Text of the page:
In the latest Debt Connection, Clearwater International’s Debt Advisory team sees banks are “open for business”.
Banks, to a large extent, have done much to repair their balance sheets over recent years. Whilst they will continue to dispose of certain non-core assets, banks have generally reached the point where they do not wish to shrink overall gross assets further. This means that there are some attractive financing options available to corporates looking to refinance or raise growth funding.
As UK banks have renewed their appetite to lend, we have seen terms for borrowers improve as banks compete with the debt funds that have filled the funding gap since the economic crisis. The improved terms include reduced pricing, looser covenant structures, increased leverage and lower amortisation profiles. There have also been incidences of banks approaching corporate businesses with credit approved loan facilities, as an indication of their appetite to support a particular company and to get committed funding ‘out the door’!
This drive for new business from UK banks also partially reflects the improving UK economy, but the performance of the Eurozone – as the UK’s largest trading partner – is expected to have some impact on businesses’ appetite to borrow and invest.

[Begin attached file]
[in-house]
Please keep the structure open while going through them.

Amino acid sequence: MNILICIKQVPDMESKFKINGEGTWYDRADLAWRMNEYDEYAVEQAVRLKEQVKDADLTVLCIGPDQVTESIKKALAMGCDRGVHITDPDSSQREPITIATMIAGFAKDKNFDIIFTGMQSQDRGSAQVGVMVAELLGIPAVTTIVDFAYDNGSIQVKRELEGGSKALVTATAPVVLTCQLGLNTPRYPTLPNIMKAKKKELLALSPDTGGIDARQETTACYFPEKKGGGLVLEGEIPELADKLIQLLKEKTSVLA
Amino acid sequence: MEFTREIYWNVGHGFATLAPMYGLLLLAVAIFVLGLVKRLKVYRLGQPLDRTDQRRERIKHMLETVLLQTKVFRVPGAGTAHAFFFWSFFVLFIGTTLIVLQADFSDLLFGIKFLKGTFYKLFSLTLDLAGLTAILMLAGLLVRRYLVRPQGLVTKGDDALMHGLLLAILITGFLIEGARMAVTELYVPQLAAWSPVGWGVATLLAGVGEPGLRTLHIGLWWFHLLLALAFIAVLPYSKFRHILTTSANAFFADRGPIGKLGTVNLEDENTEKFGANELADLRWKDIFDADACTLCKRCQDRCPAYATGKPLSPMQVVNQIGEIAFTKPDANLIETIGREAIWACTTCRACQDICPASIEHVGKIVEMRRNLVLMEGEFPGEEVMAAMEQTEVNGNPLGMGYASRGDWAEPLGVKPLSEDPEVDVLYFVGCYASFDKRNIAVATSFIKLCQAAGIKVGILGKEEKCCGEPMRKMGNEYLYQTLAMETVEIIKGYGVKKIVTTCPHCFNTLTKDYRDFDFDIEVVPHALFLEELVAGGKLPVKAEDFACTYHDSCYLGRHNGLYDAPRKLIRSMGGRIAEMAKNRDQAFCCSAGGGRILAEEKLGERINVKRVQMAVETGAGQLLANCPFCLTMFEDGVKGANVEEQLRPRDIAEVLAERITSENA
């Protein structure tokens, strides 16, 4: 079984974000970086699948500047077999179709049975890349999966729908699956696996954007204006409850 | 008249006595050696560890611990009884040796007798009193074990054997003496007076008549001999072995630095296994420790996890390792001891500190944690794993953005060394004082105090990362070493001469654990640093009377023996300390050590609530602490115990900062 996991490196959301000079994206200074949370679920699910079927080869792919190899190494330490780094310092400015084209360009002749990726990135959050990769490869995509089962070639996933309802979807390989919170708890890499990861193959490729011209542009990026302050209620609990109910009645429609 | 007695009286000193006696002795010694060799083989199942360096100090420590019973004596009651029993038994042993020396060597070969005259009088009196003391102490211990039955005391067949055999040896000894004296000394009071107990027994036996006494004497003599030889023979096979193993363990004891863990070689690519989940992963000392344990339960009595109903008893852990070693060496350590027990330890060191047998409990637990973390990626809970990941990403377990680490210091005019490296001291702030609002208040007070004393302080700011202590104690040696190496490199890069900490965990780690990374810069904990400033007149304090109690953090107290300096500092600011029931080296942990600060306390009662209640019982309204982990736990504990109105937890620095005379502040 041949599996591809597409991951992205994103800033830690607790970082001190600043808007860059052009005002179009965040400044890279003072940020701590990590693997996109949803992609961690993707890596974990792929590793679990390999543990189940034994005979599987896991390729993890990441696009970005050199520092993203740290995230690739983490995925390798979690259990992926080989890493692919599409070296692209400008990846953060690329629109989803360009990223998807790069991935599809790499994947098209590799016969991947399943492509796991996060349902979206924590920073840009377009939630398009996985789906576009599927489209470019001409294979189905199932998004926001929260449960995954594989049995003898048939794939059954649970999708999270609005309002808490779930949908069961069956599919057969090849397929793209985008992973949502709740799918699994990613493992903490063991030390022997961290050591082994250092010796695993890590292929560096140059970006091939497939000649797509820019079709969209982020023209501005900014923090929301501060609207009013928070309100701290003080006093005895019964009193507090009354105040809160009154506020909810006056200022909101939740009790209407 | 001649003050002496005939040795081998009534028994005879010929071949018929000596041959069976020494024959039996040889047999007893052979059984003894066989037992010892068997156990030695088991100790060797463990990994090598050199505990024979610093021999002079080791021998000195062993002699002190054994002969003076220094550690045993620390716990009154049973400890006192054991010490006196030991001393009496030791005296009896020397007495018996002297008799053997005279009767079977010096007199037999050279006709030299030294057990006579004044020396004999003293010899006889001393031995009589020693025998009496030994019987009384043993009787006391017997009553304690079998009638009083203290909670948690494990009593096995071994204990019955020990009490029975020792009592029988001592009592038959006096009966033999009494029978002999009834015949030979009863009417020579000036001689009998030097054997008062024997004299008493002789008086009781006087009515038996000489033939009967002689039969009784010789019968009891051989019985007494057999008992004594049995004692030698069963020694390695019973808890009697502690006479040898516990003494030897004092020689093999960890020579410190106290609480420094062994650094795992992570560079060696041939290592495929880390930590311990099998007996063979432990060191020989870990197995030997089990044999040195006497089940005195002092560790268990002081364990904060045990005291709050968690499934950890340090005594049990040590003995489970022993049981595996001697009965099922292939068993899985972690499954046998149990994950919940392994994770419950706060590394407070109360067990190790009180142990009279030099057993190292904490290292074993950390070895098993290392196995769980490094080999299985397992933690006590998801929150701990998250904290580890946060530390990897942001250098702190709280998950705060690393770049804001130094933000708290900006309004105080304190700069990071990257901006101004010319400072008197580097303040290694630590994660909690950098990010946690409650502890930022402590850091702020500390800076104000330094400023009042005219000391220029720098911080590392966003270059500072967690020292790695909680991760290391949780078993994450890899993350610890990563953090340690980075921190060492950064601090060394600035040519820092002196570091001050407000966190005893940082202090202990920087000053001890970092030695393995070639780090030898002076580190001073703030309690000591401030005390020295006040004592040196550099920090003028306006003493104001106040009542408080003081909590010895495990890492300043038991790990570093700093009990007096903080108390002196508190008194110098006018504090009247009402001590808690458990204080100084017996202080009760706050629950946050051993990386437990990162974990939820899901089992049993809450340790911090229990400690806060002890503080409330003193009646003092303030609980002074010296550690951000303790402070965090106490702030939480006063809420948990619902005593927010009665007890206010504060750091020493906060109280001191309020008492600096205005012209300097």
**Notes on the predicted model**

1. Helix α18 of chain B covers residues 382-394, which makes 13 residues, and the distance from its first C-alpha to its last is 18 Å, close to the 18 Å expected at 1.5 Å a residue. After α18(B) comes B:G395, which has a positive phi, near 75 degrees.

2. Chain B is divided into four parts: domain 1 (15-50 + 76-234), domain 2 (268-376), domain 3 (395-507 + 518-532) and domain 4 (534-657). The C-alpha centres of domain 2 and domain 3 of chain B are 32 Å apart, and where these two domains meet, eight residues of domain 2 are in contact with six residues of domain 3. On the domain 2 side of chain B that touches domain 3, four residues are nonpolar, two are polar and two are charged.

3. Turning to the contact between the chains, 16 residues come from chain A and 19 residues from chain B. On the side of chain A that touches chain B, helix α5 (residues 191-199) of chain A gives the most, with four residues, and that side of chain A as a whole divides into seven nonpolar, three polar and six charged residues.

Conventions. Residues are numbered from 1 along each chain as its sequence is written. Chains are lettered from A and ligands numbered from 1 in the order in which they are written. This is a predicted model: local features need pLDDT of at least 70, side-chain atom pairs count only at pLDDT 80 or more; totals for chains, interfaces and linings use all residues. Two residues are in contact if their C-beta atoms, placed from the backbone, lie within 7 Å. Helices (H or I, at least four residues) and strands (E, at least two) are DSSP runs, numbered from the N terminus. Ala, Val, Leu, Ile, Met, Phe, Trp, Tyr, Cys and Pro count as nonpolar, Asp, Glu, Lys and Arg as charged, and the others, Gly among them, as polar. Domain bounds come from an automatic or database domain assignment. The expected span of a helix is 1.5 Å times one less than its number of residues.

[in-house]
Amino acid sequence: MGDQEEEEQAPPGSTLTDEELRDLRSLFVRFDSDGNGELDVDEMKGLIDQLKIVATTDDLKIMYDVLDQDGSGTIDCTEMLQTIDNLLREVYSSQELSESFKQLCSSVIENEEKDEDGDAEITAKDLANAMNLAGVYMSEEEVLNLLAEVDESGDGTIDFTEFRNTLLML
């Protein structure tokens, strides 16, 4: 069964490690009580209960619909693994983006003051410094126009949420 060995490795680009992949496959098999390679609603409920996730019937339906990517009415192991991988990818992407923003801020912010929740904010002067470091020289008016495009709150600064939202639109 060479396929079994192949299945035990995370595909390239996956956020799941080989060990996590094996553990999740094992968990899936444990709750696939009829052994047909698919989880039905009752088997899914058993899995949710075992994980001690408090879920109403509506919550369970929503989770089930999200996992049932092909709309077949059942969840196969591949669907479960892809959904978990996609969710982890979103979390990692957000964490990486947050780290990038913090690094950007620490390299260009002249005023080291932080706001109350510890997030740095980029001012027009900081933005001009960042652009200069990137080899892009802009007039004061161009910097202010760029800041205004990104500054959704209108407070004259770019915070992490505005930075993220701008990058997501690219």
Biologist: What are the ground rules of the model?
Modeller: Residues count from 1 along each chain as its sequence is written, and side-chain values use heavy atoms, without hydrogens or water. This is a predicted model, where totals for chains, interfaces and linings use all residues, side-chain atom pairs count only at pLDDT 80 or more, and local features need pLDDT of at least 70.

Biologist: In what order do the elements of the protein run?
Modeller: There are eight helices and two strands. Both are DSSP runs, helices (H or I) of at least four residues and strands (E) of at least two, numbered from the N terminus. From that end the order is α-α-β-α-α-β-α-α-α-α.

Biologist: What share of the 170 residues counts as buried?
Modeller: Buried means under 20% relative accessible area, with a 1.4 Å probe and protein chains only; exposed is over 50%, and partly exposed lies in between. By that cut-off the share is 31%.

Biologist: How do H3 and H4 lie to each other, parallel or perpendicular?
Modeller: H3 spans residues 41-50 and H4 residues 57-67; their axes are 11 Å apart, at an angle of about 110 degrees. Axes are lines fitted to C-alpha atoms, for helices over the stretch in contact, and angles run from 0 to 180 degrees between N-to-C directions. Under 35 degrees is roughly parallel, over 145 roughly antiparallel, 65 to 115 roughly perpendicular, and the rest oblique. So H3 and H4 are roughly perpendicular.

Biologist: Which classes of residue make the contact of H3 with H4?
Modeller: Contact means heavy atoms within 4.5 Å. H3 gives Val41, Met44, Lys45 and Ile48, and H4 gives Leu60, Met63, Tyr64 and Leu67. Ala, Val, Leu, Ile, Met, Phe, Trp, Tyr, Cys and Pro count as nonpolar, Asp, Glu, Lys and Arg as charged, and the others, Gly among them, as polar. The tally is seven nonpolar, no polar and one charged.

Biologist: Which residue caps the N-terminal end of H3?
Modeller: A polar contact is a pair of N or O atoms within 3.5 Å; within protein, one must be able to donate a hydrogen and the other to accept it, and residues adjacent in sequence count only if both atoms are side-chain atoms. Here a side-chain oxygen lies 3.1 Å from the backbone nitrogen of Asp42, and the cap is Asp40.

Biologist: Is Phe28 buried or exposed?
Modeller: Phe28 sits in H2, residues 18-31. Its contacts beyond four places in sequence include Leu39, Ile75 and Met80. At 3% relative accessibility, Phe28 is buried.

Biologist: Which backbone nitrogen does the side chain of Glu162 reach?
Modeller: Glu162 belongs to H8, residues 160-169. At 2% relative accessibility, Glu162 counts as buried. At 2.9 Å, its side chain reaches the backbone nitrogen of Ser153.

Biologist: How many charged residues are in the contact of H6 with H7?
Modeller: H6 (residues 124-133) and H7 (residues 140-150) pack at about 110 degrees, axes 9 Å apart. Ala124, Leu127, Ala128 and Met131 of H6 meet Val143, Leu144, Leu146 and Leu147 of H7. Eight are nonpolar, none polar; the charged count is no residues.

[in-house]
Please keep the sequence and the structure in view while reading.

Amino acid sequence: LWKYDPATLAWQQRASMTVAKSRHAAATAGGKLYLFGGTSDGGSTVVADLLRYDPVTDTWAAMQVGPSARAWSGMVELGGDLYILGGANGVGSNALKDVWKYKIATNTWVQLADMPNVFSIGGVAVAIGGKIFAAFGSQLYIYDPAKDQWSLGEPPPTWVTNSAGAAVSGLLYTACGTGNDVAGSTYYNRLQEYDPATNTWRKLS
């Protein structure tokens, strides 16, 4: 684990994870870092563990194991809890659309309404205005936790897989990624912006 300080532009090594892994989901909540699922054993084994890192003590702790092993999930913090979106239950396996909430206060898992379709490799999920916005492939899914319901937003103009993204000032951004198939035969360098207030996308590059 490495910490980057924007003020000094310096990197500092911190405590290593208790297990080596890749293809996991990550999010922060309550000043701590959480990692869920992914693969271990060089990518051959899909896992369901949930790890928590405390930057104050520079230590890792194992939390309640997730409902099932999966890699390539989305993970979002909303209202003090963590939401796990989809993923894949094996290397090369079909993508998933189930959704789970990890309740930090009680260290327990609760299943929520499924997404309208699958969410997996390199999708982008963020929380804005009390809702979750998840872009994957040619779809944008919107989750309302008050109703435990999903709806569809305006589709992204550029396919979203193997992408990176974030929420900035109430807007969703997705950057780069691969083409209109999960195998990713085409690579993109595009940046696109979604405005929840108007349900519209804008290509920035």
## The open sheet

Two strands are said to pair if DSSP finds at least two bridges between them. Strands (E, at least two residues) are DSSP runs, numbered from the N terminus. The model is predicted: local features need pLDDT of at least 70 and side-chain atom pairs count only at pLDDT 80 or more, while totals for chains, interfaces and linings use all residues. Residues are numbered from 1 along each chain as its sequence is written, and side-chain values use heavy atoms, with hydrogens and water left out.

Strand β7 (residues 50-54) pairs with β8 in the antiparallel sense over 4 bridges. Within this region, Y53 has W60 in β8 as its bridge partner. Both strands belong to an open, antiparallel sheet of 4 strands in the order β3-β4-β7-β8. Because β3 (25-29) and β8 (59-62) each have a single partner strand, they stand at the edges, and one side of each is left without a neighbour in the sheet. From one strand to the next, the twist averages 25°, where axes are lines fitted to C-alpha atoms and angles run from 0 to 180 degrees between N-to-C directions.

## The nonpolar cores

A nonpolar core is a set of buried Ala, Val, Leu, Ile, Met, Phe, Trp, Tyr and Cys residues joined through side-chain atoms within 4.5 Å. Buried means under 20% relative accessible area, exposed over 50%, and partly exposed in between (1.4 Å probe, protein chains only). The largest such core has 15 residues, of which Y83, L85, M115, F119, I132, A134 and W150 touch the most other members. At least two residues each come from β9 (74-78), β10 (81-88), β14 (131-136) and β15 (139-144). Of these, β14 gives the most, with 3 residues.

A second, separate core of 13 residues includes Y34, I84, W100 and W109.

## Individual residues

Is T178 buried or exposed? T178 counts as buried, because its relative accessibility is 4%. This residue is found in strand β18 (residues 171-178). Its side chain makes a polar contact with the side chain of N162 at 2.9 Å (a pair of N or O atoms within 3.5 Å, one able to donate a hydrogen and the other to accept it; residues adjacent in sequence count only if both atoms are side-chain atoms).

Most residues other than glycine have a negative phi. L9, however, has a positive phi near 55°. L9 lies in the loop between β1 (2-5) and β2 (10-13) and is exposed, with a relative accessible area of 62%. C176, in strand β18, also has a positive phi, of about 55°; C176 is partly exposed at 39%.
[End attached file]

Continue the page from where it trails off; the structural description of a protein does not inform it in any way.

In comparison, a recent European Central Bank (ECB) study has shown that Eurozone banks have reduced their lending in response to recent stress tests and higher capital requirements whilst companies have held off investment, unsure of the future. ECB figures showed that in October, lending to the private sector contracted by 1.1% from the same month in 2013, after a contraction of 1.2% in the month of September. Recent political issues around Russia and Ukraine are causing uncertainty and are thought to be impacting borrower appetite.
The Bank of England’s Trends in Lending report for the six months to October 2014 showed net lending flow to UK businesses has been flat on average, indicating the end of balance sheet deleveraging by UK banks – something Clearwater International has witnessed in recent deals where banks are demonstrating an increased willingness to support businesses and to complete transactions in a timely fashion.
The increase in the supply of credit from non-bank lenders and banks has helped to support the M&A market. Recent research from Mergermarket and law firm CMS states that in comparison to the first half of 2013, European deal values in H1 2014 rose 34% to €340.8bn while the volume of deals rose by 4% year-on-year to 2,860. They also report that Europe’s executives are more bullish about the M&A outlook than they were a year ago, with two-thirds of respondents expecting M&A activity to increase and 11% anticipating a significant increase.
The end to balance sheet deleveraging by banks is driving behaviours in the marketplace, with increased liquidity trying to find a home with somewhat cautious borrowers who remain mindful of the economic and current political environment. With new debt funds continuing to be raised and the inevitable end to the investment period of some in the future, we anticipate a push from the non-bank funders to invest this dry powder. This push from funders to lend money will likely mean terms continue to improve for borrowers in the short to medium term.